Tuberculosis Presents as Sternal Swelling in a 3-Year-Old!

Source: Journal of Medical Case Reports.

This article describes an unusual case of a 3-year-old girl who presented with sternal swelling, later diagnosed as a sign of tuberculosis.

She presented to the hospital with complaints of a non-tender swelling in the sternal region. The swelling was small but gradually increased in size. She denied having any symptoms, such as a cough or fever. However, she reported significant weight loss and increasing lethargy over the previous 2 months.

The girl had an unremarkable past medical and surgical history. She only suffered from constipation, for which the doctors prescribed her movicol. She did not report using any other medicine on a long-term basis.

Tuberculosis: Contact Tracing

The patient moved to the UK after being born in Canada. According to her mother, she received the BCG vaccination at birth and was up-to-date with reference to the vaccination schedule. The girl did not have a history of contact with any TB patients. However, her mother confirmed having TB some 18 years ago, for which she was treated with anti-TB medicines. She also reported developing ATT-induced hepatitis, for which the doctors put her medicines on hold. After a pause, however, she did complete her course and has been asymptomatic since then.

Examination and Investigations

On physical examination of the patient, doctors found a non-tender and non-mobile swelling in the middle of her sternum. They also found another swelling on the left side of the girl’s chest. Both the swellings were firm in consistency and were gradually enlarging in size. To rule out an infectious cause, ESR and CRP tests were done. Results indicated both elevated ESR and CRP. Similarly, her blood profile revealed microcytic anemia, and her chest X-ray showed multiple opacities in the right middle and left upper zones.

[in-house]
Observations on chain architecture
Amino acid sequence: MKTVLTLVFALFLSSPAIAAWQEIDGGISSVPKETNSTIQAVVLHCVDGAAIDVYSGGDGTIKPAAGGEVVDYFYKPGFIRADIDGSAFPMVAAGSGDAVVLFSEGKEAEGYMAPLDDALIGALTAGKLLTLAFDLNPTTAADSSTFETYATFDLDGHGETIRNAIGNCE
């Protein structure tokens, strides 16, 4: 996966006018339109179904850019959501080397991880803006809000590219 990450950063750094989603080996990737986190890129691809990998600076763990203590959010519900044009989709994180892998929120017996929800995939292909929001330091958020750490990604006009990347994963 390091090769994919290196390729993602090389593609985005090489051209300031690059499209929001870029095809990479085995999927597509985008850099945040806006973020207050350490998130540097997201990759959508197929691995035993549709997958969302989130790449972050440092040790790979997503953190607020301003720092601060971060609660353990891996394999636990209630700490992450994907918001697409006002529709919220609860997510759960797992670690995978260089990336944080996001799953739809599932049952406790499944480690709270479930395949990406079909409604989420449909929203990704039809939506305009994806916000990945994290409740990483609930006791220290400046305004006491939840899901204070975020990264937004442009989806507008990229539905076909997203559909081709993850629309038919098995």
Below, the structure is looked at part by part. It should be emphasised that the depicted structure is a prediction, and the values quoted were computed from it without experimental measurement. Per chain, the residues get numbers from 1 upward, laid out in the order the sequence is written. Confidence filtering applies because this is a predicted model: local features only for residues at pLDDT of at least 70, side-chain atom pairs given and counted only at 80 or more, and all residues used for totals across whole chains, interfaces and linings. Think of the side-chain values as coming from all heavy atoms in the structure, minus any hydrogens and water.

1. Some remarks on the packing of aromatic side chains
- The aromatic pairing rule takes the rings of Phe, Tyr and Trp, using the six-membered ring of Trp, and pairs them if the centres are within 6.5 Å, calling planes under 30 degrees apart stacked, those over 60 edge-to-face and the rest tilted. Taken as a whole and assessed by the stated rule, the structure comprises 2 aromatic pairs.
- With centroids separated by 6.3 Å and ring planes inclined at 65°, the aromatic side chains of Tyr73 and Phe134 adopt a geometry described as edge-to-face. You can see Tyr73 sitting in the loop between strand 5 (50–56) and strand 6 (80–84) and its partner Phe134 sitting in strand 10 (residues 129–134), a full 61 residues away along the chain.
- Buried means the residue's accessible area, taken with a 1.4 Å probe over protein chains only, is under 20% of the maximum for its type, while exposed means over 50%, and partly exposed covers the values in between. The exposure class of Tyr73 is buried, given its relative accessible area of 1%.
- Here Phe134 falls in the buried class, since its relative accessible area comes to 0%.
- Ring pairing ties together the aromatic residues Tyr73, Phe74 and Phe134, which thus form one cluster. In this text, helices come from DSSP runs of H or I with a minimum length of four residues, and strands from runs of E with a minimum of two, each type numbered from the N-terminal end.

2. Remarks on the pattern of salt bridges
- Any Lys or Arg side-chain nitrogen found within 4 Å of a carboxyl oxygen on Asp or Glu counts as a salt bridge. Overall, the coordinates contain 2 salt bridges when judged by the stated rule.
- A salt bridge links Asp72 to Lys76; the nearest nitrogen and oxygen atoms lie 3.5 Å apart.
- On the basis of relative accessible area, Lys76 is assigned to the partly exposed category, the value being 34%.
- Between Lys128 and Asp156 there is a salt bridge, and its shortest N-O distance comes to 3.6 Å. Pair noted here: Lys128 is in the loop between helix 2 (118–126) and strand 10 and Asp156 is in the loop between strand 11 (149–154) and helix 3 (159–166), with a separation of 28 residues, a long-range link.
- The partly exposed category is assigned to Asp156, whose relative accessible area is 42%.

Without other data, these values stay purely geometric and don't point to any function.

Chest involvement with constitutional symptoms such as weight loss and lethargy aroused suspicion for TB. Hence, a rapid TB test was performed. It turned out positive. A PCR for Mycobacterium tuberculosis further confirmed the diagnosis. Doctors also decided to look for further extra-pulmonary involvement. Hence, on a CT abdomen and pelvis, they noticed lymph node involvement throughout the abdomen. Biopsy reports of both swellings revealed granulomas with necrotic centers and multinucleated giant cells.

Treatment for Tuberculosis

Doctors put the girl on anti-tuberculosis therapy, including four drugs: isoniazid, rifampicin, ethambutol, and zinamide. She responded well to medicines, and her swellings resolved after a treatment course of 6 months.

Tuberculosis of the Sternum: How Common?

Extrapulmonary tuberculosis goes hand in hand with pulmonary TB. Many cases that are reported reveal extensive extra-pulmonary involvement, such as those of lymph nodes, bones, and even the brain. However, there are only a handful of cases available of tuberculosis involving the sternum.

Bone involvement in TB usually manifests in the ribs and spine (Pot’s disease/caries). Sternal swelling as the primary manifestation of TB is highly rare, especially in the pediatric age group. Nevertheless, patients who present with such complaints should undergo high-quality imaging investigations and punch biopsy for accurate diagnosis, followed by early treatment with anti-TB medicines. The prognosis with early intervention remains good, and most patients observe complete remission.


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